Letter from the Editor: 3/10/16

Loyal Readers,

As journalists, our natural instinct is to look for facts. But in the case of this weekend’s bus incident, we do not yet know exactly what happened. Unfortunately, we may never know.

What we do know, however, are these truths: race continues to be an issue at Colby. Violence, in any form and in any capacity, continues to be an issue at Colby. Independent of what did or did not happen on Saturday night, these things matter, and we have to talk about them.

However, there’s another lesson to be learned from the past few days, and it’s one that we’ve been thinking about a lot: the capacity of social media to immediately ignite—and divide—a campus. In this instance, a student posted an account of events on her personal Facebook page. The post consequently garnered so much attention that, just 26 hours later, the President of our College sent an Official Notice to the student body referencing the alleged incident.

How did we get from Point A to Point B? Hundreds of Facebook shares, Yik Yak post after post, screenshots and emails and texts between friends—yesterday, one Echo staff member received a message from a friend at another college which read, “wait, wtf is going on at Colby? Saw something on fb.” Social media is a dynamic and effective tool to spread information and, yes, to incite change. But there’s a flaw: social media, by its very nature, often shows only one side of a story.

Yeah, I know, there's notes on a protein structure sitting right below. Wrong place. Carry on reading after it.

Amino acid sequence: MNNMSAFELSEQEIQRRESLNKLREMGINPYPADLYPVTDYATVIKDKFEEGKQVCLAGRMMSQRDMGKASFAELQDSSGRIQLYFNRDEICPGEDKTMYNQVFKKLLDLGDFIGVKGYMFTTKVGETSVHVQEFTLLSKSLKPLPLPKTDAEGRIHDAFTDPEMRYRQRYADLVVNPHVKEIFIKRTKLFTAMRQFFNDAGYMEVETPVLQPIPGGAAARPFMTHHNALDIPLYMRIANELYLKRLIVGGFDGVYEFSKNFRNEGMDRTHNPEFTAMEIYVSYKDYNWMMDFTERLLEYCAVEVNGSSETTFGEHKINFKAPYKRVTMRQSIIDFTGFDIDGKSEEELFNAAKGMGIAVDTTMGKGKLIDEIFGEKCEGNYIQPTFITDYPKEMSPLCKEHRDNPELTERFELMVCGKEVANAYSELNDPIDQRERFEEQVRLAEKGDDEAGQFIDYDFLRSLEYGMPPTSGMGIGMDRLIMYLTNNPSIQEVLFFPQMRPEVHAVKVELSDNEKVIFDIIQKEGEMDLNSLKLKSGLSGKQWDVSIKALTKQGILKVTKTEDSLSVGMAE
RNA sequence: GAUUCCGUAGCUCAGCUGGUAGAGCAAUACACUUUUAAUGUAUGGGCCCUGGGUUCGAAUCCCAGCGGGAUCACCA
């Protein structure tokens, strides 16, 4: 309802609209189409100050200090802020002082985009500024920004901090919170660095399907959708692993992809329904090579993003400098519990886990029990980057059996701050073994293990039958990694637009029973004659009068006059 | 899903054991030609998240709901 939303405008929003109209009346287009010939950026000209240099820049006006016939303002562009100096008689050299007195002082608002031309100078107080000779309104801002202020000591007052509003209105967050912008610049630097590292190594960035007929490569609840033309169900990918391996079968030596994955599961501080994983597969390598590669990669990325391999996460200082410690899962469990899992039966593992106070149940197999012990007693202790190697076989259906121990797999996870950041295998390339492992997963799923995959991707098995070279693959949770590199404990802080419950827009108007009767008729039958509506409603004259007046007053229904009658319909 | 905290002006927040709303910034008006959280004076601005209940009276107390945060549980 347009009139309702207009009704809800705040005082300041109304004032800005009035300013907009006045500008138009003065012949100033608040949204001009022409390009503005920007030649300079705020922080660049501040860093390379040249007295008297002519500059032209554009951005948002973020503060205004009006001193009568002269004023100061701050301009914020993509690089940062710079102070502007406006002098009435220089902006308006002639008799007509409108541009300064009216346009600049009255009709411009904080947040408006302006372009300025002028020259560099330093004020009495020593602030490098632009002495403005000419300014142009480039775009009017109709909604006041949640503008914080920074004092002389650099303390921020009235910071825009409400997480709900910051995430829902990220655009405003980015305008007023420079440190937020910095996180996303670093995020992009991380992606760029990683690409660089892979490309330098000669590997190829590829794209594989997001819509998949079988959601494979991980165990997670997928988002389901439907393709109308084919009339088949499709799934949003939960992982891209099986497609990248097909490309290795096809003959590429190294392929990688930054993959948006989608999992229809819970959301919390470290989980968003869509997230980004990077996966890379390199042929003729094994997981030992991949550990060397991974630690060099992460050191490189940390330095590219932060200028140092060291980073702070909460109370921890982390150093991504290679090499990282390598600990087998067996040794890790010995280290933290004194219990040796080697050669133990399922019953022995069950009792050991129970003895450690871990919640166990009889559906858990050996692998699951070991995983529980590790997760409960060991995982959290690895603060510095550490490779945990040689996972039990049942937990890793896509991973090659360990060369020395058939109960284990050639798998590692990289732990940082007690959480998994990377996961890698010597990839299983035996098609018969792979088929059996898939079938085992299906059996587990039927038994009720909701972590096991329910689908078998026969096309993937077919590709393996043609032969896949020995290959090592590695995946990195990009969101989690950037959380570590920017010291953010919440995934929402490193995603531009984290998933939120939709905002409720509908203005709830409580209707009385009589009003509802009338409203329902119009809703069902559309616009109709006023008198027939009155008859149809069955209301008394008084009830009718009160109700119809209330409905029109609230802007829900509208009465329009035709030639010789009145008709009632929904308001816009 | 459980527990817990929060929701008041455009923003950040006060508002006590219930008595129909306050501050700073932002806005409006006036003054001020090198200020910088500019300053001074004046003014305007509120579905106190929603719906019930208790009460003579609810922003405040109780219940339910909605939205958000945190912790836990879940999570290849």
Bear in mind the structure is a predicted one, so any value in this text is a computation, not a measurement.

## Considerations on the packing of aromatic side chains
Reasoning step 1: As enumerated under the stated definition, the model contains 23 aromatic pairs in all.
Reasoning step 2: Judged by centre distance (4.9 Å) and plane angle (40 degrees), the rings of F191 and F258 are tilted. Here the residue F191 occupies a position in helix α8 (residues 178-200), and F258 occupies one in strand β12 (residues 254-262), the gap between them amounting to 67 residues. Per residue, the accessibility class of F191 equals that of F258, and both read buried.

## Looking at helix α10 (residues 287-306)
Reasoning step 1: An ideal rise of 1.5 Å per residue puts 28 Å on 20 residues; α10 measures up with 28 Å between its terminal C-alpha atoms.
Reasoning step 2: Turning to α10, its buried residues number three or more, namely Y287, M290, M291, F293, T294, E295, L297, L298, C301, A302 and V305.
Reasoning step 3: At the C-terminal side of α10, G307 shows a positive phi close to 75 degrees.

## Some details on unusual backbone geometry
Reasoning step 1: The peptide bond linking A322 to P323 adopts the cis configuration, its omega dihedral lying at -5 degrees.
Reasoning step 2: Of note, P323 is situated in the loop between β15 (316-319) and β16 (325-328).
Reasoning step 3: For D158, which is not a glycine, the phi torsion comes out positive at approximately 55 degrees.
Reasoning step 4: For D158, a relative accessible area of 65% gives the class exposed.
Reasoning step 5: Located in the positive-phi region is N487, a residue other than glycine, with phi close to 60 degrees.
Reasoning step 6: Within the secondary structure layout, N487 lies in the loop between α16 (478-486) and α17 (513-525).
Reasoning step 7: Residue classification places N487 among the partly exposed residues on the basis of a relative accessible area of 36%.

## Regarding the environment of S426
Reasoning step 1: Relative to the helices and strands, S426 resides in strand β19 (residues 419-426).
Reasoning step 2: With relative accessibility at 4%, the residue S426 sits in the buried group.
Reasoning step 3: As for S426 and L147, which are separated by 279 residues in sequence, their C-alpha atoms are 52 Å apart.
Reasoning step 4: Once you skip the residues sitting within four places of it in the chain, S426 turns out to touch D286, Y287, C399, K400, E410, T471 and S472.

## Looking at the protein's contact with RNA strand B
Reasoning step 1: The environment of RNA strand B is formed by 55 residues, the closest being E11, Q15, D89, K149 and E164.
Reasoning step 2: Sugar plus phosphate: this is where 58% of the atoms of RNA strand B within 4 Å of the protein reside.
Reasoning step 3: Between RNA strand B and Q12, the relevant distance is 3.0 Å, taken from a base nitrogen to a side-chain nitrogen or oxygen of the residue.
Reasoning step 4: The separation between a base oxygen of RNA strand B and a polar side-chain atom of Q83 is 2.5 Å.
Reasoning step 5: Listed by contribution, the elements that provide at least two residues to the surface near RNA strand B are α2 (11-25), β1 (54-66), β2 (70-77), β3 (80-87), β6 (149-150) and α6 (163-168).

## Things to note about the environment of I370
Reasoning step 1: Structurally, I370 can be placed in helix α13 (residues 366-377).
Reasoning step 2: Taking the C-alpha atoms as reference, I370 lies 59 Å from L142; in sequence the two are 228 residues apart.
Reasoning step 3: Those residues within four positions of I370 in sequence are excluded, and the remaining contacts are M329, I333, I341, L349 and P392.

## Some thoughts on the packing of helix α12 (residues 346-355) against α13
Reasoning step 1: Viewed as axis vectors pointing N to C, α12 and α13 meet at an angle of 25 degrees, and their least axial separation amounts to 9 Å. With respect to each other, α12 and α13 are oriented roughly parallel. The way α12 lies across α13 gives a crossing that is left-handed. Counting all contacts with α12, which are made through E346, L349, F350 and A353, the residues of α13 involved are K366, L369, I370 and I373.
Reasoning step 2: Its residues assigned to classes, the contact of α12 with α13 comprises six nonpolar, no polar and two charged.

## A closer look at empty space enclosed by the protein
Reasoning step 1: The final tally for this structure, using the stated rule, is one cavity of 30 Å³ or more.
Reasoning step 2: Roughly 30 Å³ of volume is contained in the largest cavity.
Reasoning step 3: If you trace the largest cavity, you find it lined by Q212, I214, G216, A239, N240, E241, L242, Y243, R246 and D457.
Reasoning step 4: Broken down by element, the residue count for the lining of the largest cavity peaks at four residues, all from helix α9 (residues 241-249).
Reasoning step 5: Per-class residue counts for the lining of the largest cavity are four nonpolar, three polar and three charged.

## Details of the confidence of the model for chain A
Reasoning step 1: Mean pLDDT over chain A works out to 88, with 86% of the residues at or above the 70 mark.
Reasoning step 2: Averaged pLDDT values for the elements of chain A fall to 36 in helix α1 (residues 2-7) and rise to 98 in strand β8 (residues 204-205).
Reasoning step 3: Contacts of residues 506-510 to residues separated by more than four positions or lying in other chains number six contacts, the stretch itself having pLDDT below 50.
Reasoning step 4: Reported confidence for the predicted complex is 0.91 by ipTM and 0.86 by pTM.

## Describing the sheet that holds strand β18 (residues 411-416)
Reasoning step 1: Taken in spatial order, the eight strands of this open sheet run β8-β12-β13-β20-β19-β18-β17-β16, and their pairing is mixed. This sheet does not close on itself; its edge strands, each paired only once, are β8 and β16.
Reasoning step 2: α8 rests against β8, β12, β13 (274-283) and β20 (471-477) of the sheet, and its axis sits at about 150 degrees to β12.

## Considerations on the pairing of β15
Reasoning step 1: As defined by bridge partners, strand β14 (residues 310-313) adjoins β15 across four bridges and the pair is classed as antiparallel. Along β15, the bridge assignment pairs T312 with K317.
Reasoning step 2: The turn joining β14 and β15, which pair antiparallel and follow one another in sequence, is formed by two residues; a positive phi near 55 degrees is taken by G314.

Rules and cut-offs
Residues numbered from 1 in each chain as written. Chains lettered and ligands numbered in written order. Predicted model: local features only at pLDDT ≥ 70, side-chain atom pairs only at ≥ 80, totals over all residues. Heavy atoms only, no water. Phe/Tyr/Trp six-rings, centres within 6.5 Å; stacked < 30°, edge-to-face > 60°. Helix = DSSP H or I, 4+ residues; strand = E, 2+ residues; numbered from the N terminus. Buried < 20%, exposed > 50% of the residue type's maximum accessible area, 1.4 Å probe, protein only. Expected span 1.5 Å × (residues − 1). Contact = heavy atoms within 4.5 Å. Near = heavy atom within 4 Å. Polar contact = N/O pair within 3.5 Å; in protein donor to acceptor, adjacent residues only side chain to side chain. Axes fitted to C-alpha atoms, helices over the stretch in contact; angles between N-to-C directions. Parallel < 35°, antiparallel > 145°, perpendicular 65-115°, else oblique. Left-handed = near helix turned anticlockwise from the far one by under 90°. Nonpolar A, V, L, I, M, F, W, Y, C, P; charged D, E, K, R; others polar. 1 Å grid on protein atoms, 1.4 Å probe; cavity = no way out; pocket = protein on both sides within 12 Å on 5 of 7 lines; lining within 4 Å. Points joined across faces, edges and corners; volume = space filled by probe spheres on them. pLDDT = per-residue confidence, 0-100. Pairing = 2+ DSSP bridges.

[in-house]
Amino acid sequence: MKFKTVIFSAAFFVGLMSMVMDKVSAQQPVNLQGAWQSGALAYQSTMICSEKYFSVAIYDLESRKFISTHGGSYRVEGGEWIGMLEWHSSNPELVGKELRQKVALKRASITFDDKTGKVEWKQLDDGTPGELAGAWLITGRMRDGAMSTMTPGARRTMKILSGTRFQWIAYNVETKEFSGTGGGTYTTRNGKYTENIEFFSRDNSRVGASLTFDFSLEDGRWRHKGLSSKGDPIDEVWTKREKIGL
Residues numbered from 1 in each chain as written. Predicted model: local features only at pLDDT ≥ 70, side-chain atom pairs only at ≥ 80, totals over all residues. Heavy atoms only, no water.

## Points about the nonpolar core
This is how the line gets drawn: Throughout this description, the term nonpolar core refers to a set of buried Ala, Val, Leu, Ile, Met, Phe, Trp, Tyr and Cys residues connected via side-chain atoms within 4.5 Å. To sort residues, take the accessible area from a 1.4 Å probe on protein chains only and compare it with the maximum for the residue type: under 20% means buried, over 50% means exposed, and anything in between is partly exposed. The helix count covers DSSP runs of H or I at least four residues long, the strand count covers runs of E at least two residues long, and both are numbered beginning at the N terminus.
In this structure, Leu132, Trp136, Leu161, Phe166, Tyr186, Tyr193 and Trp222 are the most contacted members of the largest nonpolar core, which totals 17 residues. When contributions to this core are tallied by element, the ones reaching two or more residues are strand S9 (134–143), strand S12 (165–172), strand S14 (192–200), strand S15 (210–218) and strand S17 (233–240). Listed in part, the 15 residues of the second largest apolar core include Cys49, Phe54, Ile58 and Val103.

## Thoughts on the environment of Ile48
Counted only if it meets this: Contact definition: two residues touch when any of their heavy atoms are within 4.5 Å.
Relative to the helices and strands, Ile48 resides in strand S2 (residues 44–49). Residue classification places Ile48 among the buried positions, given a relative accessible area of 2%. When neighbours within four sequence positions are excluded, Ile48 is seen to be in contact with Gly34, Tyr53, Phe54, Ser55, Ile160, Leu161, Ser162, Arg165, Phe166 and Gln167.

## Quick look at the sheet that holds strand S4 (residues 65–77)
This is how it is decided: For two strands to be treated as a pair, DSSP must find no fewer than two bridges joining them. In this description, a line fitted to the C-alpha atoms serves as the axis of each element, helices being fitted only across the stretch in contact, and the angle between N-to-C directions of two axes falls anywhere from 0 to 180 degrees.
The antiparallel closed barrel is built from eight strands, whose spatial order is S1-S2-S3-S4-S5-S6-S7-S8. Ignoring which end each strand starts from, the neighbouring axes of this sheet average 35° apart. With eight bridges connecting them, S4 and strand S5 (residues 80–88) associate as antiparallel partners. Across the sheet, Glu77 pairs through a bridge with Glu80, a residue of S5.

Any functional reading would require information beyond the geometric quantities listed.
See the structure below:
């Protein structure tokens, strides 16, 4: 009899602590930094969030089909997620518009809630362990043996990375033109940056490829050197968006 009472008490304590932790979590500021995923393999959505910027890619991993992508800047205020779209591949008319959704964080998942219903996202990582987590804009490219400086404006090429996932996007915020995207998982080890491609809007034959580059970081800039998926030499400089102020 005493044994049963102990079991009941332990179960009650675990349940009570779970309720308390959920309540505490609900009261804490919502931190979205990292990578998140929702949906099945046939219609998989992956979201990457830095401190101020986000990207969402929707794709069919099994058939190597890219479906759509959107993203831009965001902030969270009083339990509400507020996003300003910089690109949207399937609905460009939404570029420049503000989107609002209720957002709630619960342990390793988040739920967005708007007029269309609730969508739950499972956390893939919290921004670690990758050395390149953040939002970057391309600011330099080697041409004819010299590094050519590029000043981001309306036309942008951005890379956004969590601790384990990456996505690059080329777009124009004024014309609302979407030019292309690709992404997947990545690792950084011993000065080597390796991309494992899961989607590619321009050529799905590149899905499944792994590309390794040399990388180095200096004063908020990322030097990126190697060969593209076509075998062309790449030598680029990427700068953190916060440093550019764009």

We love that social media can drive activism and force us—all of us—to confront our biases and discomfort. We love that these conversations are happening.  We love that students are standing up for equality and making their voices heard. What we don’t love, however, is that in the wake of social media posts, our community tends to quickly and vigorously rush to personal judgment about other individuals.

We sincerely hope that every person on this campus—even better, every person in general—would agree that racially-driven acts of violence are abhorrent. We need to reject them, and we need to talk about how to prevent them. However, we’re also of the opinion that we can do that without demonizing an individual on the basis of one account.


The Editorial Board of the Echo

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